Editorial, EL TIEMPO, October 6, 2021
(Translated by Eunice Gibson, CSN Volunteer Translator)
It’s fundamental that there has to be government presence in the areas where the criminals are recruiting their new members.
Knowing that there are now more than 7,000 members of the ELN and the dissidents of the now-defunct FARC is doubtless a reason for alarm. Those are added to the more than 8,000 that make up the other illegal armed groups, according to the recently released report “The Focal Points of the Conflict in Colombia”, prepared by the Institute for the Study of Development and Peace (Indepaz).
That X-Ray contains another series of statistics and patterns showing what is going on now with those generators of violence. They call our attention, above all, to behaviors that mark a clear difference between those actors and those that were the protagonists of the armed conflict a few years ago. The most striking of these is that now we are not facing organizations with political demands and a project, in medium or long term, to take power in the country. That would necessarily have to include open and constant confrontation with the Armed Forces, as was going on until we were well into this century. Today, the interest of these organizations, even including the ELN, is more in controlling subregions, in order to assure access to the profit that they extract there, fruit of illegal economic activity, all the way from drug trafficking, smuggling, illegal mining, and human trafficking, along with many others.
It’s also worthwhile to focus on times past when there seemed to be veteran commanders with strong backgrounds in the organization because of their criminal history. Today, with few exceptions, those groups are commanded by young people with no greater ambition than to consolidate their domination, not caring at what cost or with what methods, in a particular territory. It’s very important to emphasize also that the growth of the dissident groups has not come from recruitment of the former combatants. The report is clear that of the 13,000 guerrillas who availed themselves of the peace process, there are only 795 whose whereabouts are unknown. The rest of them, 95%, are continuing to comply.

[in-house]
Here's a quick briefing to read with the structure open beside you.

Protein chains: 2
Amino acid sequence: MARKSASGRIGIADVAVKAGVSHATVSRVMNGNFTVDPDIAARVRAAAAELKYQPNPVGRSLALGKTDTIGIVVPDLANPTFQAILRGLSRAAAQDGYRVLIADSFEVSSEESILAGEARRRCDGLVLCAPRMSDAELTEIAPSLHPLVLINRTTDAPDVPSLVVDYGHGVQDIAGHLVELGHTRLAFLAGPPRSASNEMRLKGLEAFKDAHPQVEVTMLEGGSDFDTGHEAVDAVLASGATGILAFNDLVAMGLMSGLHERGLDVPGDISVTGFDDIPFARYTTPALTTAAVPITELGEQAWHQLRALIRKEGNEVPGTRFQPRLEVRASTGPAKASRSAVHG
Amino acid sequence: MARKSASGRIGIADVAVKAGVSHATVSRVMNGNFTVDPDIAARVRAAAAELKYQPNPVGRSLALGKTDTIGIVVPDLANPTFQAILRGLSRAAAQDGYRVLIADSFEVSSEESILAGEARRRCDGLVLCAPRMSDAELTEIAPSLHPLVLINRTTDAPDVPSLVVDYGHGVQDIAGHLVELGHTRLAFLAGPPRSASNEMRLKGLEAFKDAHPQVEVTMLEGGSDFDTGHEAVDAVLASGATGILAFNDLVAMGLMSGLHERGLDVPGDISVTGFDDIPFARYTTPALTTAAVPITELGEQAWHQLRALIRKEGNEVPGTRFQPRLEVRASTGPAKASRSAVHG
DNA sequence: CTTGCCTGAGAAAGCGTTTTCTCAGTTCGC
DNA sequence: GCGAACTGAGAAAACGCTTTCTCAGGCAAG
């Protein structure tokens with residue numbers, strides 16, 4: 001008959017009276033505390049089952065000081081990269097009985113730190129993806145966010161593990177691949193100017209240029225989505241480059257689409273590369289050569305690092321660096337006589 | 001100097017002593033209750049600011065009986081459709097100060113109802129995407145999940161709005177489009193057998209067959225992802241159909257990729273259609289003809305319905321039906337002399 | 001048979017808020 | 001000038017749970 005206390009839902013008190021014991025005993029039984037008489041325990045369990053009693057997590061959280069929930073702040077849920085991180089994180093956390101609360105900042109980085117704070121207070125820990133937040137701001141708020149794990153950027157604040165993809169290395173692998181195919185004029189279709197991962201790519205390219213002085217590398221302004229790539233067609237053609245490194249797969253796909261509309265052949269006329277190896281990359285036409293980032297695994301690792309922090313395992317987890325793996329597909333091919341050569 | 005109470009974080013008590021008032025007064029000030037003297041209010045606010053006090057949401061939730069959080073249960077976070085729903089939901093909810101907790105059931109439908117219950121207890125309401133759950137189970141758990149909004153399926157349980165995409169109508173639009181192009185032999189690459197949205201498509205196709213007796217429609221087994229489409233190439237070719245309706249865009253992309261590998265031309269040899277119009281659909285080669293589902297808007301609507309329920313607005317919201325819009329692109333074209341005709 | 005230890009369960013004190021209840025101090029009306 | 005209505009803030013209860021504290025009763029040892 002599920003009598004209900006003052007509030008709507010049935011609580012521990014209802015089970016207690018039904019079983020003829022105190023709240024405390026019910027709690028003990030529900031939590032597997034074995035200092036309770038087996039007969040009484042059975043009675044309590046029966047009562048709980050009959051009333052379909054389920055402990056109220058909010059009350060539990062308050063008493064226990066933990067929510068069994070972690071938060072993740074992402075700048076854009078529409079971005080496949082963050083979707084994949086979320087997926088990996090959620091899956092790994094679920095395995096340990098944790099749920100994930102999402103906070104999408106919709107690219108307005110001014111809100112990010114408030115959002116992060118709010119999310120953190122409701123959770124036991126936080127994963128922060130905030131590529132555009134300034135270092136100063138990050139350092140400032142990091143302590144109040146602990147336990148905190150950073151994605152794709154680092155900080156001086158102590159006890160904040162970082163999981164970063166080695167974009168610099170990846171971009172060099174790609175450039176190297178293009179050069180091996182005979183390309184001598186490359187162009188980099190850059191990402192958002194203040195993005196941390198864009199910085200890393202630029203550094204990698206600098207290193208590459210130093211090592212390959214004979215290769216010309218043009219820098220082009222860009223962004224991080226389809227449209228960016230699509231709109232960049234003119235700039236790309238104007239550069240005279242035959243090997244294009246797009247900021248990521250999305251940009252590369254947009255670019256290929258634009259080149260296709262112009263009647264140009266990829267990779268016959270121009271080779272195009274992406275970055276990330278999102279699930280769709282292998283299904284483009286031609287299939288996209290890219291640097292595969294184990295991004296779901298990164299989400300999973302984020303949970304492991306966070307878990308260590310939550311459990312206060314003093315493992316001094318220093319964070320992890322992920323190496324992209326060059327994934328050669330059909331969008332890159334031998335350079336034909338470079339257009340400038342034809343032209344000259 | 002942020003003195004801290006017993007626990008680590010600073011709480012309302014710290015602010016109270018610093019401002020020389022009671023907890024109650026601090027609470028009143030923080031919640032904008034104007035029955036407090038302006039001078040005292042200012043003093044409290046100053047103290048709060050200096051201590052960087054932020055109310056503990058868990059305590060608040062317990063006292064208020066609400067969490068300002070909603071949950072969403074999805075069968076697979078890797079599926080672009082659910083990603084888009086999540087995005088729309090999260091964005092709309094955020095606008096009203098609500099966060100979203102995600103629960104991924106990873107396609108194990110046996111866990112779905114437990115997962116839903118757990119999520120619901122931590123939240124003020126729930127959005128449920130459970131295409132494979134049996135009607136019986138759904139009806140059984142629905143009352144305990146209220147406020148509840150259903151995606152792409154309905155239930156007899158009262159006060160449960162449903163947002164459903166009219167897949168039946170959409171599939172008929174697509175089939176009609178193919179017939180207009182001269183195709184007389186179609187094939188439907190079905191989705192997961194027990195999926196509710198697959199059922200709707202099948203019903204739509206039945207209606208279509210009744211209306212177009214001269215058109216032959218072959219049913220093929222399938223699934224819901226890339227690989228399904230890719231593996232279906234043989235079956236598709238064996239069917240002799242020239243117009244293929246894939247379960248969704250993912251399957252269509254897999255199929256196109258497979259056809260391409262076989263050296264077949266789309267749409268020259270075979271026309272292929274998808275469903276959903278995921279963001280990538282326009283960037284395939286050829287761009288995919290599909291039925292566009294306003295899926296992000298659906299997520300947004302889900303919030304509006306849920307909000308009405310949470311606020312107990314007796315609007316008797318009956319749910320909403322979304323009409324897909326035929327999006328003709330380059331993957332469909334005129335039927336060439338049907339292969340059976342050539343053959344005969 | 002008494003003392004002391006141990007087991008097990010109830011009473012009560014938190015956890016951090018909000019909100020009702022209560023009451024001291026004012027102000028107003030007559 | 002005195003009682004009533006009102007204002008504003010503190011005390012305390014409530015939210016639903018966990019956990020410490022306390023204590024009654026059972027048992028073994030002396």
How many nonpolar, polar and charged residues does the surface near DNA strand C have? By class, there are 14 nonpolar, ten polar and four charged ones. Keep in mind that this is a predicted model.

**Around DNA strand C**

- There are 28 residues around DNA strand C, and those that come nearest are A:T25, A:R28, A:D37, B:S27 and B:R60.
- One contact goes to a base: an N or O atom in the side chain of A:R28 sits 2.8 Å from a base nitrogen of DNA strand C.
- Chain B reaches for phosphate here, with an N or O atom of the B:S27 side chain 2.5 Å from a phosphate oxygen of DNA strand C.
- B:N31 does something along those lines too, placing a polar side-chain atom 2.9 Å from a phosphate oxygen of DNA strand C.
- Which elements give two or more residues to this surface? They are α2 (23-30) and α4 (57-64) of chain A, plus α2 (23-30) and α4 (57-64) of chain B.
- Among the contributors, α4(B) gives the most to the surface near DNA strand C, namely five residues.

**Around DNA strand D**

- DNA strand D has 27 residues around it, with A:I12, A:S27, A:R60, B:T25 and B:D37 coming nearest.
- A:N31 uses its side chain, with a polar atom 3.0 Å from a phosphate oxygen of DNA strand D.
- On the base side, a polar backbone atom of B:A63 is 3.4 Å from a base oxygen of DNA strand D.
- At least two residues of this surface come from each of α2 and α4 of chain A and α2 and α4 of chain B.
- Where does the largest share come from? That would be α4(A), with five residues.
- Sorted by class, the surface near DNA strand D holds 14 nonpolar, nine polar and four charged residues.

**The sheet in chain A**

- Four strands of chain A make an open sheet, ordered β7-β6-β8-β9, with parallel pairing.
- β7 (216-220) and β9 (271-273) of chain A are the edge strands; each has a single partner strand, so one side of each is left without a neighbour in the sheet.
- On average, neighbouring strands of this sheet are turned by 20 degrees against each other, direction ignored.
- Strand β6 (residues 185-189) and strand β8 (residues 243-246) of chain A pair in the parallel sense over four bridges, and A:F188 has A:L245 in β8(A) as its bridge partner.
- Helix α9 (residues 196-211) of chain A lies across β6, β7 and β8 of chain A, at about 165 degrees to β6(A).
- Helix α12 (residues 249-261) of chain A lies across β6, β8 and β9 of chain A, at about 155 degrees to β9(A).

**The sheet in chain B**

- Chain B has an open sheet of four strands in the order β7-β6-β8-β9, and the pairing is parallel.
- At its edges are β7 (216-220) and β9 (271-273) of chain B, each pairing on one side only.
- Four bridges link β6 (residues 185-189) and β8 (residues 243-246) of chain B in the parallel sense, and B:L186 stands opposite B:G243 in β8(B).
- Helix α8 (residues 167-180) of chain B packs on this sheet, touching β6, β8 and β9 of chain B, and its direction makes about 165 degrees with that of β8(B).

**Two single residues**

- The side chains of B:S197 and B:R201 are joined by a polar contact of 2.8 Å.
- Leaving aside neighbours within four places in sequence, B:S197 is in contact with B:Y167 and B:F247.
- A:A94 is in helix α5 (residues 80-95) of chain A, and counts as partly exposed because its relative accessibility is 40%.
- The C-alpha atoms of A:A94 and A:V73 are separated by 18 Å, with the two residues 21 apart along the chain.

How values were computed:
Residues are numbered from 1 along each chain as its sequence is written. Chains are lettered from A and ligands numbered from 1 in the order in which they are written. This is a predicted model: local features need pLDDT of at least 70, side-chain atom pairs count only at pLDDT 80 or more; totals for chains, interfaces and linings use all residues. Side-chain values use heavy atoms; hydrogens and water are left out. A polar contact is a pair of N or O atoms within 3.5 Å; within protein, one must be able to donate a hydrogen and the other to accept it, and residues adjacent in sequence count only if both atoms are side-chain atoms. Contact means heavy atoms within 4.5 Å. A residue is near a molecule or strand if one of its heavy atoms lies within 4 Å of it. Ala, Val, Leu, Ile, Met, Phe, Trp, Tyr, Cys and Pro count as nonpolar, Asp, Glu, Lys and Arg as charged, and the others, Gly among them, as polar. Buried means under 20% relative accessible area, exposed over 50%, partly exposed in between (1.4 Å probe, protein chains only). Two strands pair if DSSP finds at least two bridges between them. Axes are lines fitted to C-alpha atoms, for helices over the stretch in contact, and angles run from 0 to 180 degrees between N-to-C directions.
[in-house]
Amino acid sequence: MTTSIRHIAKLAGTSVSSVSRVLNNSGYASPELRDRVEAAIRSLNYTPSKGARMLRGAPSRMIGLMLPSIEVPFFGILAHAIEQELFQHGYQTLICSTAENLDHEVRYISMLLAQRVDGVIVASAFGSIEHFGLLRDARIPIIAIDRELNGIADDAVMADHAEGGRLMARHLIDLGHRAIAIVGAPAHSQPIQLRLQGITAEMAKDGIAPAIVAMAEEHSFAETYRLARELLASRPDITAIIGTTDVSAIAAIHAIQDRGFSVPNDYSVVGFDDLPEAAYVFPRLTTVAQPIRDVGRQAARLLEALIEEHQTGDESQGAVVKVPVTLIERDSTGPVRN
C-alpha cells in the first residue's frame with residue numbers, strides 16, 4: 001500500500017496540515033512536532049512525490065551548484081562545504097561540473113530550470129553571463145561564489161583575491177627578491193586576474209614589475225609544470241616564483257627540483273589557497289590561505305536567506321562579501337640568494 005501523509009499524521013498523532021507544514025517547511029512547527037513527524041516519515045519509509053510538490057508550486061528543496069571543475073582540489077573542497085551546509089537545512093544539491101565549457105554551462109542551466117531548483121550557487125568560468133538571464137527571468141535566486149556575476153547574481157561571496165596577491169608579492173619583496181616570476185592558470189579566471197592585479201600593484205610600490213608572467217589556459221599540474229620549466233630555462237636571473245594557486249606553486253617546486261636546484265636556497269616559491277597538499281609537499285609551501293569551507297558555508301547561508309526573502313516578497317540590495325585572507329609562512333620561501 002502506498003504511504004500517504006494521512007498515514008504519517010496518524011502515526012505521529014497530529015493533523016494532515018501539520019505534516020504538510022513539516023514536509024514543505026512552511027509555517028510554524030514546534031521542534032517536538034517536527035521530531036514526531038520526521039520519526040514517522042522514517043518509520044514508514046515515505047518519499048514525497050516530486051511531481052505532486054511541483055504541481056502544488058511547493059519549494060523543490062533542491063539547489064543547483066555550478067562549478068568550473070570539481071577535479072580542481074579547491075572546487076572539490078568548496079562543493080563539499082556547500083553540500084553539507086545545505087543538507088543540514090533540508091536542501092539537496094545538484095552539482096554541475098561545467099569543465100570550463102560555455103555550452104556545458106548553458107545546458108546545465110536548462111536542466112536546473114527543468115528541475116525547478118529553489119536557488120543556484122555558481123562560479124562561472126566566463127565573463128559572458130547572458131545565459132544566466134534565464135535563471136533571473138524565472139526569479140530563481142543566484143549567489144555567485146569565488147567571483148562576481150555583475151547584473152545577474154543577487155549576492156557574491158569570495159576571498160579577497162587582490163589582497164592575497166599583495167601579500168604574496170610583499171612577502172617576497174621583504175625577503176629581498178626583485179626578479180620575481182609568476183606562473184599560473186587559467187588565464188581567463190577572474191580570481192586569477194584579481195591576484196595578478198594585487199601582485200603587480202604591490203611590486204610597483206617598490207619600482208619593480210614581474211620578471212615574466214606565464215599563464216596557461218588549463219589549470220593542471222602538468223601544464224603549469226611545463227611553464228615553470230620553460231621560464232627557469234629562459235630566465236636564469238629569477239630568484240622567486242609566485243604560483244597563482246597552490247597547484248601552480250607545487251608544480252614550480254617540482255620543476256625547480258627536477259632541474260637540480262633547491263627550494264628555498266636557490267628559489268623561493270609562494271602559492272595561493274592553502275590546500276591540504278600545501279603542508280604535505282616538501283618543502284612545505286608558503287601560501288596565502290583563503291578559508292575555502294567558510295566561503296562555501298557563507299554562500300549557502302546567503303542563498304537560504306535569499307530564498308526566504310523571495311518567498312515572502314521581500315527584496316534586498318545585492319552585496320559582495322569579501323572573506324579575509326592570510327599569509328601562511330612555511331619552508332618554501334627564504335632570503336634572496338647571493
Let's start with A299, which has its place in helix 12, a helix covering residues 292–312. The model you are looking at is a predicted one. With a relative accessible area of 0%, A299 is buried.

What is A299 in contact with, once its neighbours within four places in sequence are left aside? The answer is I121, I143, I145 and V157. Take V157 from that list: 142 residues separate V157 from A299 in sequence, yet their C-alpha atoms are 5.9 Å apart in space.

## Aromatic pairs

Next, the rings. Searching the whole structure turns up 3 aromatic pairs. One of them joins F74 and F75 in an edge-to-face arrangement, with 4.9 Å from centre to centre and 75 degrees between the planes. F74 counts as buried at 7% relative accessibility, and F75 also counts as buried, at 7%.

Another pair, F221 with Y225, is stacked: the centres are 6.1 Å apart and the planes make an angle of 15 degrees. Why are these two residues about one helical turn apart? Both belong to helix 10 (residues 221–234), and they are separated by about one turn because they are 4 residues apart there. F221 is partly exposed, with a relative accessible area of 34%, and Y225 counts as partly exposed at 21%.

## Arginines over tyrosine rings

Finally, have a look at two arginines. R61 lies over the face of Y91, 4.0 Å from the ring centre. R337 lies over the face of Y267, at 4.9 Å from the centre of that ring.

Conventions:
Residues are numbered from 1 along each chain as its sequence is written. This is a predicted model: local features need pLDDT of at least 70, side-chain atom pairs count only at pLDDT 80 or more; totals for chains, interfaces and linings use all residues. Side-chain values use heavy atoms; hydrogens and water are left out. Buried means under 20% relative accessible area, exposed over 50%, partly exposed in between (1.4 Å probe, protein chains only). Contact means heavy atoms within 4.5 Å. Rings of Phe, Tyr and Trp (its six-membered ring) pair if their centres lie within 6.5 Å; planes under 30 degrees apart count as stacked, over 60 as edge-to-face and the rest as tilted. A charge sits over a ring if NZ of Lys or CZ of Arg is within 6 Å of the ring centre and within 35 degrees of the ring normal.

And the fact that the dissidents specifically, but also the other organizations, have been able to incorporate thousands of young people into their ranks is what is most worrisome, besides remembering the enormous challenge that the government is facing here. And it’s that in the areas where some of the links in the chain of the drug traffickers require a large number of people to furnish security, and for that, the illegals can count on gushes of money. That coincides with the huge social debt of the government in those territories, a reality that materializes in the very few options that young people have in those places. So, unfortunately, whether it’s of their own will or the path of forced recruitment, they end up filling the ranks of the criminals.
It’s a very complicated situation, and the government is obliged, as it’s doing now–the Minister of Defense, Diego Molano, reported 5,000 people captured, demobilized, or killed in combat—to combat those groups in the way that furnishes the most effective results. But it has to realize that the key question in the territories is to find out what will conquer the hearts of the young people. And here, as is well known, the key role does not belong to the Armed Forces.